1. More centralized control over the Covid response—but probably not as much you might think

    Shortly after taking the oath of office, Biden is expected to issue a raft of executive orders, including one mandating mask use. Public health experts and hospital leaders for months have pointed to face masks as one of the key actions people can take to reduce community spread of the new coronavirus. This is more important than ever, as hospitals and health systems across the country are overrun with Covid-19 patients and again are considering delaying scheduled procedures to free up capacity—another potential financial hit for the many hospitals that are still recovering from the previous waves.

    The big question is how to legally achieve universal mask use? States and localities have the power to mandate mask wearing in public, but states' policies vary, and several have no mask requirements on the books. This patchwork approach to mask wearing led many to ask whether the federal government should—or even could—issue a national mask mandate under the Public Health Service Act.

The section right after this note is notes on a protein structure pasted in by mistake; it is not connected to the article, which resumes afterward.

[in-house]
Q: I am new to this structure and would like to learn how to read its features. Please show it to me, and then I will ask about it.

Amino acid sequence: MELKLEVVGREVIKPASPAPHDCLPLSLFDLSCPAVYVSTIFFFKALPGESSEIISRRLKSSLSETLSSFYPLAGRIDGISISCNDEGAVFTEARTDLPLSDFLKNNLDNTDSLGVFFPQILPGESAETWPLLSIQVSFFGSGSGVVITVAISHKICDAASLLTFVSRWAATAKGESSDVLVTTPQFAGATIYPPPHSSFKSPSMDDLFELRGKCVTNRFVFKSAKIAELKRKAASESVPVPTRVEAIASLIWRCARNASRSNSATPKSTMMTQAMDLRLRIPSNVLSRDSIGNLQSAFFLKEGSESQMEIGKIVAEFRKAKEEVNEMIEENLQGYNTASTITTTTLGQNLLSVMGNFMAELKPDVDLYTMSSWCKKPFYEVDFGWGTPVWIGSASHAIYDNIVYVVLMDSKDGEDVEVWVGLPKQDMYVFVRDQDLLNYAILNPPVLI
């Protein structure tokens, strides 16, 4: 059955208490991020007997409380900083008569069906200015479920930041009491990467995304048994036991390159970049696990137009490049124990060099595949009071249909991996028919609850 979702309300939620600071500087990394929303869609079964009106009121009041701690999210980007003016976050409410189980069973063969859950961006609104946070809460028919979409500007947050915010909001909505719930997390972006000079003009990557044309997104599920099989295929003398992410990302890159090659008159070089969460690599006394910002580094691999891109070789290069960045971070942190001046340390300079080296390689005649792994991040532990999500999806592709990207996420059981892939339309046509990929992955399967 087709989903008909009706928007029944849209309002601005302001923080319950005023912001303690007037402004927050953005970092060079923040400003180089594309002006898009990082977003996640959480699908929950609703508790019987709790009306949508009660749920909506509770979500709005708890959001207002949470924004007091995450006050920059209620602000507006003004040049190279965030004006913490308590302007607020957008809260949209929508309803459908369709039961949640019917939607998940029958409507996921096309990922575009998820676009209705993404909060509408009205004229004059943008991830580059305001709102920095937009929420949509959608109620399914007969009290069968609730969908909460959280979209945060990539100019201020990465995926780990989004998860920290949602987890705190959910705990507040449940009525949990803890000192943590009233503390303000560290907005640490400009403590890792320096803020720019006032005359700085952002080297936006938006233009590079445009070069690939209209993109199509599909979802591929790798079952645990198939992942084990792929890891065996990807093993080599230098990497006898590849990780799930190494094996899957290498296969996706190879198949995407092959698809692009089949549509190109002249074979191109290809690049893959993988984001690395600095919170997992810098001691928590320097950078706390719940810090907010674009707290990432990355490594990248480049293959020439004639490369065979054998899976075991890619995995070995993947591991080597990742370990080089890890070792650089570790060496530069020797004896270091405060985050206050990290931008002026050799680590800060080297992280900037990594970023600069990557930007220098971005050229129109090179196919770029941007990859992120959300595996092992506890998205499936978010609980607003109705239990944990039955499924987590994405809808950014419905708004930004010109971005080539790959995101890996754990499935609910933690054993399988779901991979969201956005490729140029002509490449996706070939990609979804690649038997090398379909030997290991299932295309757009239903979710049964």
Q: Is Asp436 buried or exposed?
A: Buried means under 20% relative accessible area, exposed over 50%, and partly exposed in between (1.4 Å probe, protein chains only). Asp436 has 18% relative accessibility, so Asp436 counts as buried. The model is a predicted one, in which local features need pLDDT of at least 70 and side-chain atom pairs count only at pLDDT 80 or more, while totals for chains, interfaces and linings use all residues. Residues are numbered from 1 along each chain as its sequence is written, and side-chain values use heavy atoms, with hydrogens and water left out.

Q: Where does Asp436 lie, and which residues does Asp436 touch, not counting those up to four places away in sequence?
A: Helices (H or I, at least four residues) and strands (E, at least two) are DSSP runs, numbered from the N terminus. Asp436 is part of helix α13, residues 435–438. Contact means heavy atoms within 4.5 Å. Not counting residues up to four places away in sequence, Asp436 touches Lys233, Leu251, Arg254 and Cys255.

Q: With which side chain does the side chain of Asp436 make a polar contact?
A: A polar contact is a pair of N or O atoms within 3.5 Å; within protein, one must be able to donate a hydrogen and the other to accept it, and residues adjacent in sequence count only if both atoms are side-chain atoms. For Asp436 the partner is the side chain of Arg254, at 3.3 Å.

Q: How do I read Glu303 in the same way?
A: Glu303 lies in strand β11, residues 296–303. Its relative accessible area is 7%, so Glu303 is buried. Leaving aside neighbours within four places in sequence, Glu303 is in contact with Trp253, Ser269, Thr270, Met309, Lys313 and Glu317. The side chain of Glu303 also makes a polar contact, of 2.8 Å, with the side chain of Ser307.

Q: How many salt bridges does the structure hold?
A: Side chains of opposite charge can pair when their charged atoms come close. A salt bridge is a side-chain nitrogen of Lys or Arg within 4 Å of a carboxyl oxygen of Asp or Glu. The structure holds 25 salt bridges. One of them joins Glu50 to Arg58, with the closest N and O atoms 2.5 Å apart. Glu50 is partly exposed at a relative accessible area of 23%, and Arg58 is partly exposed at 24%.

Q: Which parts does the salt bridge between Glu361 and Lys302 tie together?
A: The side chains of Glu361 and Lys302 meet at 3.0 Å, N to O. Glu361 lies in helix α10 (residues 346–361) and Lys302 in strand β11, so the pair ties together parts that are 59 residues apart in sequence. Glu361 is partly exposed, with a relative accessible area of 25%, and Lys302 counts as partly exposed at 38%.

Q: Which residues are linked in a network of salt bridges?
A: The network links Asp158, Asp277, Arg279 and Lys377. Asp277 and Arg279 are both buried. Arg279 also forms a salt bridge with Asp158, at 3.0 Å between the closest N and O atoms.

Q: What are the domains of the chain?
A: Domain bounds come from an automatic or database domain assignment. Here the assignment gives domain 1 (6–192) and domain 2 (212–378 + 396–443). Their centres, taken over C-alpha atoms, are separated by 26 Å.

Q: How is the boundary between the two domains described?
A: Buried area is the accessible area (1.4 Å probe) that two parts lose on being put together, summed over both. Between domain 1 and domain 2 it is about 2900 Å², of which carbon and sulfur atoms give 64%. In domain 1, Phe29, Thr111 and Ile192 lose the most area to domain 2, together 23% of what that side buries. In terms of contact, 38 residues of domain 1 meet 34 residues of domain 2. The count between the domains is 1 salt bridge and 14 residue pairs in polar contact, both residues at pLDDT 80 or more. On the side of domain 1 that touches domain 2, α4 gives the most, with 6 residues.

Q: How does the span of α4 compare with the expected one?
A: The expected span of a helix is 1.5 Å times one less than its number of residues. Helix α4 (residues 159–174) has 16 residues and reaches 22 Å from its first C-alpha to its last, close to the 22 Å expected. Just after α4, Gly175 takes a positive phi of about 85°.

But, according to early reports, the Biden administration appears to be circumnavigating the murky constitutionality of a national mask mandate by stopping short of requiring all U.S. residents to wear masks in public. Instead, Biden's executive order is expected to require mask wearing on only federal properties and during interstate travel, such as on planes. Going forward, I'd expect Biden's administration to issue stronger mask wearing and social distancing guidance and lean heavily on states to issue their own mandates—a move that, if states engage, health system leaders nearly unanimously say will reduce community spread while the country works on vaccine distribution.

    2. Boost federal funding for the health care industry, individuals, and vaccine rollout